HT’s film critic Anupama Chopra writes about all the action on the third day of the Cannes Film Festival.
Bollywood heroines continue to dazzle on the Cannes red carpet but the real stars of this year’s festival are two filmmakers who aren’t household names like Katrina Kaif, Sonam Kapoor and Aishwarya Rai Bachchan.
Gurvinder Singh, director of Chauthi Koot and Neeraj Ghaywan, director of Masaan, have done India proud. This is the first time in the 69-year history of the festival that two Indian films are in the prestigious Un Certain Regard section. This afternoon, Chauthi Koot had its world premiere at Cannes.
Gurvinder Singh (L) and actor Vikky Suvinder during a photocall for the film Chauthi Koot. (Reuters)
The audience included I&B minister Rajyavardhan Singh Rathore who was introduced to the audience by festival delegate general Thierry Fremaux. Chauthi Koot, an austere meditation on the aftermath of the insurgency on Punjab, is the first Punjabi film to be screened at Cannes.
After the screening, everyone gathered at the India Pavilion for an after party. The India Pavilion is the epicenter for all the India action at Cannes. All day, the space is buzzing with panels and meetings. I spotted Mallika Sherawat and Nandita Das holding forth on co-productions.
British singer Cheryl Fernandez-Versini poses on the red carpet. (Reuters)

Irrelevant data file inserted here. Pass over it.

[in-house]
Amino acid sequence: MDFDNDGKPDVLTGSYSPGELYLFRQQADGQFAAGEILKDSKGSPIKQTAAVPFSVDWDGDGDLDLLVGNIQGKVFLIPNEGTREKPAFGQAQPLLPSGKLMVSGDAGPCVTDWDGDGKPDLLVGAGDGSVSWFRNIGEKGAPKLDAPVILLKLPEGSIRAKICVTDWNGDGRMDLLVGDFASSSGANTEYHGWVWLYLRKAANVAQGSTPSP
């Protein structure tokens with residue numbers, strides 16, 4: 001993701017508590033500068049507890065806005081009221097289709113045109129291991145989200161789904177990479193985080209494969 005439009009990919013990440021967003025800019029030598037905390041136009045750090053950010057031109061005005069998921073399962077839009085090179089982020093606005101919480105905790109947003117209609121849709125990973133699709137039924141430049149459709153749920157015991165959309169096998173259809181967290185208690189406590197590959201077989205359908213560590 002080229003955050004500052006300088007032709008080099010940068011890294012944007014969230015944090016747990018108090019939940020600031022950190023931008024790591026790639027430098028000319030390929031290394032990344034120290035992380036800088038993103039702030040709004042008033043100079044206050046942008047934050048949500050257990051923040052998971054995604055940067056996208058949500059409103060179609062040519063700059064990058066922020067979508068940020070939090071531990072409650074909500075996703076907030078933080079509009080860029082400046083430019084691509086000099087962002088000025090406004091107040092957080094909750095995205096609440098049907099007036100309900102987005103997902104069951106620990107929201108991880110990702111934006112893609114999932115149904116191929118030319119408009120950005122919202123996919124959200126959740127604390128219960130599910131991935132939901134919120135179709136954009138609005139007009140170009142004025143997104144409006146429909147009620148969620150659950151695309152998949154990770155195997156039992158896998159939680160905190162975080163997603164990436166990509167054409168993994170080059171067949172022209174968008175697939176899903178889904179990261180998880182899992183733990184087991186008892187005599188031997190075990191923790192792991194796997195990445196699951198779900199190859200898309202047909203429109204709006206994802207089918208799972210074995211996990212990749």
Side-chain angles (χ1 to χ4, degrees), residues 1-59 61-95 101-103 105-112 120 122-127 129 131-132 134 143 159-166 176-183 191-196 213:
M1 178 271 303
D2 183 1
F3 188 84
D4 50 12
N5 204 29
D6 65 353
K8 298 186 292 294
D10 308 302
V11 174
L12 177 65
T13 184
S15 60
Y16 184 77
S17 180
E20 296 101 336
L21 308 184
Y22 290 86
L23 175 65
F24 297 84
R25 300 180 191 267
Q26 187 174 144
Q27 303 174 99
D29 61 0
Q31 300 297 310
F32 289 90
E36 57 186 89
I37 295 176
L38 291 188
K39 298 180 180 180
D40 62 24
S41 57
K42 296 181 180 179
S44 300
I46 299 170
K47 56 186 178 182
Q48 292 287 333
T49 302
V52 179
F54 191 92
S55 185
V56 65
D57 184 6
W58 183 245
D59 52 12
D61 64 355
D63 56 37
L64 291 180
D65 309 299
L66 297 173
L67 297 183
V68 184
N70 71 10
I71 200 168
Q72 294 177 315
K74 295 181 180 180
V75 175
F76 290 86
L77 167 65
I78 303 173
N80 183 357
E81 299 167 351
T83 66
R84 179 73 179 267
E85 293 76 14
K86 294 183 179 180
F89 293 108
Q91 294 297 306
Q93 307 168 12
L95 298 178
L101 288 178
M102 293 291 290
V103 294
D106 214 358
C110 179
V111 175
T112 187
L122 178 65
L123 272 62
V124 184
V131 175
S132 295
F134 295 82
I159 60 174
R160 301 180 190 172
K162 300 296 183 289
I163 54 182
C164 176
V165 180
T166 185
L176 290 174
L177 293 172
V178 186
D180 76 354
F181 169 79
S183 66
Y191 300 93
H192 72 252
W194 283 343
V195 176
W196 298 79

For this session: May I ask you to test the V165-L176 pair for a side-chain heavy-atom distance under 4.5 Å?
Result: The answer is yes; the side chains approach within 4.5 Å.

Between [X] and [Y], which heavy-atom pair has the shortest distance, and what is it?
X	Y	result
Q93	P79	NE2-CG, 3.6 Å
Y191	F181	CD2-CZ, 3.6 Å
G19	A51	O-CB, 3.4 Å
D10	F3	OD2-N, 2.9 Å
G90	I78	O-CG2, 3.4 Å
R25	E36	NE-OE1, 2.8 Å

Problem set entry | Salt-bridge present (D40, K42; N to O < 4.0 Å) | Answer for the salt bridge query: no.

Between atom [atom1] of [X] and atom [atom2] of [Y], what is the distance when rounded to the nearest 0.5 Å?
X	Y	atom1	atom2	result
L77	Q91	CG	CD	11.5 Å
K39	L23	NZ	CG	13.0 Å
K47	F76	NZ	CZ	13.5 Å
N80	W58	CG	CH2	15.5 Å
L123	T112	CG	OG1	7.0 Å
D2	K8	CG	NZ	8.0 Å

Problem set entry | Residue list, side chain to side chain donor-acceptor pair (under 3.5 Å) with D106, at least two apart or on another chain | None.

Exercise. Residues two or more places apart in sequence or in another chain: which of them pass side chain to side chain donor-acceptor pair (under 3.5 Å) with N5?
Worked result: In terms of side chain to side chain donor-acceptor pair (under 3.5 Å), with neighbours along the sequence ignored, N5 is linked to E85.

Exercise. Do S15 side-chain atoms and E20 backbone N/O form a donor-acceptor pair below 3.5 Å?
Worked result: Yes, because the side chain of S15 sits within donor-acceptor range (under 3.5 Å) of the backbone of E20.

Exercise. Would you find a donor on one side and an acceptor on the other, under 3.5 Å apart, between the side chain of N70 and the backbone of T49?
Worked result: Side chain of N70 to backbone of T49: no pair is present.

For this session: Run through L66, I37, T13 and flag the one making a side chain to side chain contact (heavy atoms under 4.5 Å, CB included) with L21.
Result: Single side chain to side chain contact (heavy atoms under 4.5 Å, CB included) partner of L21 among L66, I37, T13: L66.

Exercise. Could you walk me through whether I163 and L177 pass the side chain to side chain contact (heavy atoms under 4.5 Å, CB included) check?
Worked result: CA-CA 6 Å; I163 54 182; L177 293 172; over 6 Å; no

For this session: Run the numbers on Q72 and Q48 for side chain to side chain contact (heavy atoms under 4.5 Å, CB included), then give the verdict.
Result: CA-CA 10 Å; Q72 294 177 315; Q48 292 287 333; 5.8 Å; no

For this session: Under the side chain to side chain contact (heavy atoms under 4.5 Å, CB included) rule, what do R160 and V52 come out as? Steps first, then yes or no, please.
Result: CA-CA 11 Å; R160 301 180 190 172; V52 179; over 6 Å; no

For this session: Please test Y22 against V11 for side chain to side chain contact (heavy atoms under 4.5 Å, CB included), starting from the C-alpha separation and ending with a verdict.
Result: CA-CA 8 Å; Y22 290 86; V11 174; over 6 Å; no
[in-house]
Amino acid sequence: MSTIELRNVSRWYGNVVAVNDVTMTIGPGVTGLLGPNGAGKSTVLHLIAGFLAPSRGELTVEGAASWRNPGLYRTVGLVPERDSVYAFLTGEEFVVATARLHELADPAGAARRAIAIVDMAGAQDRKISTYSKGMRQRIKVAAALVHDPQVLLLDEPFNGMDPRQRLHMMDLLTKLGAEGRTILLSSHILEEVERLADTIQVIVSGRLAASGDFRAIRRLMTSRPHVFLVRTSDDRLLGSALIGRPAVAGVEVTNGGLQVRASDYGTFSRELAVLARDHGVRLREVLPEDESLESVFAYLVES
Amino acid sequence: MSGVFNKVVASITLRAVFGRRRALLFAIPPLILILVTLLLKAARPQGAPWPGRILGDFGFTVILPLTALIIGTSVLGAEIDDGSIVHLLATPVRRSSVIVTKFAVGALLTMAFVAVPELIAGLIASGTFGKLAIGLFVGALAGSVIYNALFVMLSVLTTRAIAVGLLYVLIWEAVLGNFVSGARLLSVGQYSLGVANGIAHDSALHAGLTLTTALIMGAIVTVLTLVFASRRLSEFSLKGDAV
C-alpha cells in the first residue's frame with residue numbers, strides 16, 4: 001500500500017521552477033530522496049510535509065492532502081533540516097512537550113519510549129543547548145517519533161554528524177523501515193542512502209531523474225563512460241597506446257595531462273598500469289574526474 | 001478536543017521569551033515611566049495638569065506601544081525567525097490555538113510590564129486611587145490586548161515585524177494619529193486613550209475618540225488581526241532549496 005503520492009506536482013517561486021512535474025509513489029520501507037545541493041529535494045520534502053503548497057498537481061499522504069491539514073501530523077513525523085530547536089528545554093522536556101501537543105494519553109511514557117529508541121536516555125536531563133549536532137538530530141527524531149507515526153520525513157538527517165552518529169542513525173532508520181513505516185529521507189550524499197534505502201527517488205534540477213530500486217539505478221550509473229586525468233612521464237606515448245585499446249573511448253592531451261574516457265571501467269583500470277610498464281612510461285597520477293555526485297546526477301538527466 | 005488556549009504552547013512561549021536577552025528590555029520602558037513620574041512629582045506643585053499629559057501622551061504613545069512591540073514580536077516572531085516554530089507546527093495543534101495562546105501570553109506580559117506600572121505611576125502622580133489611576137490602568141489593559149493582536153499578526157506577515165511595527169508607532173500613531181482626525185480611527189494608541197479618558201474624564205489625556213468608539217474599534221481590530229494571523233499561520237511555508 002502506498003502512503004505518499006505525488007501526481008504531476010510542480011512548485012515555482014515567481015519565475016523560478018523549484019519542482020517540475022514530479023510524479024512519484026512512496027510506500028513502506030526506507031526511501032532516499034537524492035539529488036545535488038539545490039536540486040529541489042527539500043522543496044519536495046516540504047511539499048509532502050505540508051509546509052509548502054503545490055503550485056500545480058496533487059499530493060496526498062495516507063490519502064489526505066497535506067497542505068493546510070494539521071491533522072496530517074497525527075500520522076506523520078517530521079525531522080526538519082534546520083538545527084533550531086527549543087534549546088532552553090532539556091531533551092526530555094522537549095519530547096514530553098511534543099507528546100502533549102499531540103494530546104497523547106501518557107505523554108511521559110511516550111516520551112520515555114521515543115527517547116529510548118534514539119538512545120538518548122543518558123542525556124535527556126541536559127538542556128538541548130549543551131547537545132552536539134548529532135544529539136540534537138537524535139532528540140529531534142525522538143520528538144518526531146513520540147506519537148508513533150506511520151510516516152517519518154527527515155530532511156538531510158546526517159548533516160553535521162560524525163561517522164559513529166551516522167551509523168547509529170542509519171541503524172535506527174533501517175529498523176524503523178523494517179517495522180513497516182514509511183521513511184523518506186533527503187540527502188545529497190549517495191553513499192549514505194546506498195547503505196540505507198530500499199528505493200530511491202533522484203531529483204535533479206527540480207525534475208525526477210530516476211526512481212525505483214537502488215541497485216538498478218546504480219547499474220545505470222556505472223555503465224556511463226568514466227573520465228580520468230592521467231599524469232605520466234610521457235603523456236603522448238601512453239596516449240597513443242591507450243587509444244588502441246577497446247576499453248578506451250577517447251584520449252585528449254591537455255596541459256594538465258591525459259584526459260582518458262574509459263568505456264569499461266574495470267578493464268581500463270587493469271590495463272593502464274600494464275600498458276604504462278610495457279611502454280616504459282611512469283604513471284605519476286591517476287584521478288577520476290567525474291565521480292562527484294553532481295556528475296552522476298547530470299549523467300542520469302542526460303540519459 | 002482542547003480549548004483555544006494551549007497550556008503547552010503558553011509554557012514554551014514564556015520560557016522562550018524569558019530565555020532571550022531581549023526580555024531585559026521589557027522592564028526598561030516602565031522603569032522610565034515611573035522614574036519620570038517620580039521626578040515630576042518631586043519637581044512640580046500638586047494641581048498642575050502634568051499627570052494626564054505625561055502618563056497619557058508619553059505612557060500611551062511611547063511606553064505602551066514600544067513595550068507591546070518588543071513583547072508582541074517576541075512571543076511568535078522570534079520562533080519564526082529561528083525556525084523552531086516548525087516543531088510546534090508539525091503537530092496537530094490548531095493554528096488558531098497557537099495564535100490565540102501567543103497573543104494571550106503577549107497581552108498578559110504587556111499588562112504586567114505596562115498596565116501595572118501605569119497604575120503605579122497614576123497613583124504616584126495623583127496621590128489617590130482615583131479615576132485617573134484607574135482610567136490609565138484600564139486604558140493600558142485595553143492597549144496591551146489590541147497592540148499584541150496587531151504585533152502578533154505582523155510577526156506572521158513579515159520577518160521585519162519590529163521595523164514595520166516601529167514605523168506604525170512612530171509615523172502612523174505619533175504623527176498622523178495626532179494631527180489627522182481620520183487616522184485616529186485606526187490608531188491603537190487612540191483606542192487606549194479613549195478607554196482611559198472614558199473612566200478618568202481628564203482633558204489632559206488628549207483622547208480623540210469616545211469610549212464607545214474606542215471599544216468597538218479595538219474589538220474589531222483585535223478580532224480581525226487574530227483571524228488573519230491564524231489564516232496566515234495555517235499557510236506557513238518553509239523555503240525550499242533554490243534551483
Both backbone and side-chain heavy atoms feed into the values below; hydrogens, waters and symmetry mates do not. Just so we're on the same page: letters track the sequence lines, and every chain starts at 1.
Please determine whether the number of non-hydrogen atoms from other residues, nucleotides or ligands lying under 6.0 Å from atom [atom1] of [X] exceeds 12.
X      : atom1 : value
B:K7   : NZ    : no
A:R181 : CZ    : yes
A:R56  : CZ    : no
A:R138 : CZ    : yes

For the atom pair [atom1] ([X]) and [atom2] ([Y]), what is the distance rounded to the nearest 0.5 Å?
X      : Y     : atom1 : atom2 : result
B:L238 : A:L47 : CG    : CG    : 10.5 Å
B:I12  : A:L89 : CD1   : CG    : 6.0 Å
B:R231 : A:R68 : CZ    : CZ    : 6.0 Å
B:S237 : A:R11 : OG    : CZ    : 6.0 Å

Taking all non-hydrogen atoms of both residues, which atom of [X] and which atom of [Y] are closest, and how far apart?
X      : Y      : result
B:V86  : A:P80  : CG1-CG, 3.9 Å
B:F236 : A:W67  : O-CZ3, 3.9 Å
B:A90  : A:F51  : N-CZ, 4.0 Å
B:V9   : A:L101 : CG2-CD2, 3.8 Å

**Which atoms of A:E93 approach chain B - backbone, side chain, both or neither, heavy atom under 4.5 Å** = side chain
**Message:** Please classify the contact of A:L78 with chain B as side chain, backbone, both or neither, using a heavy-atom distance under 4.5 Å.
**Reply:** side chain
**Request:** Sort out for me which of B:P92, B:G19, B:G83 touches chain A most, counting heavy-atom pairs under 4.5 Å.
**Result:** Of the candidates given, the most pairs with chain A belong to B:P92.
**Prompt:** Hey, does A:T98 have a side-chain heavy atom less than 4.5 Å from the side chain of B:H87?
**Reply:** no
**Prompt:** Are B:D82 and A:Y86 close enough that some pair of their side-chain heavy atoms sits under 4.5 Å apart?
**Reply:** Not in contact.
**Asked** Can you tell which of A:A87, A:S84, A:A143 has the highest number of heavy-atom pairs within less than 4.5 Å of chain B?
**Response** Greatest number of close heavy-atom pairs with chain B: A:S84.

Earlier in the day, I also ran into Aishwarya Rai Bachchan breezing into the Martinez hotel with her mother, and daughter Aradhya. Despite the long flight, Aishwarya looked fresh and ready for the manic schedule. But then she’s been doing this for more than a decade. Aaradhya is probably the festival’s youngest guest.
Rachel Weisz (L) and actor Colin Farrell as they arrive for screening of their film The Lobster. (AFP)
But the highlights of my day were – firstly, spotting Frances McDormand in the corridor at the Palais des Festivals. She is married to director Joel Coen who is head of the main competition jury here along with brother Ethan. She looked fabulous.
British actor Ben Whishaw during a photocall. (Reuters)
And secondly, meeting the iconic Chinese director Jia Zhangke, who has been described as ‘perhaps the most important film director working in the world today.’ He was sweet, unassuming and he promised to try and come to the Mumbai Film Festival. But when I pressed for a masterclass, he smiled and declined – he said, ‘My English is simply not good enough.’ I assured him that we would find a way.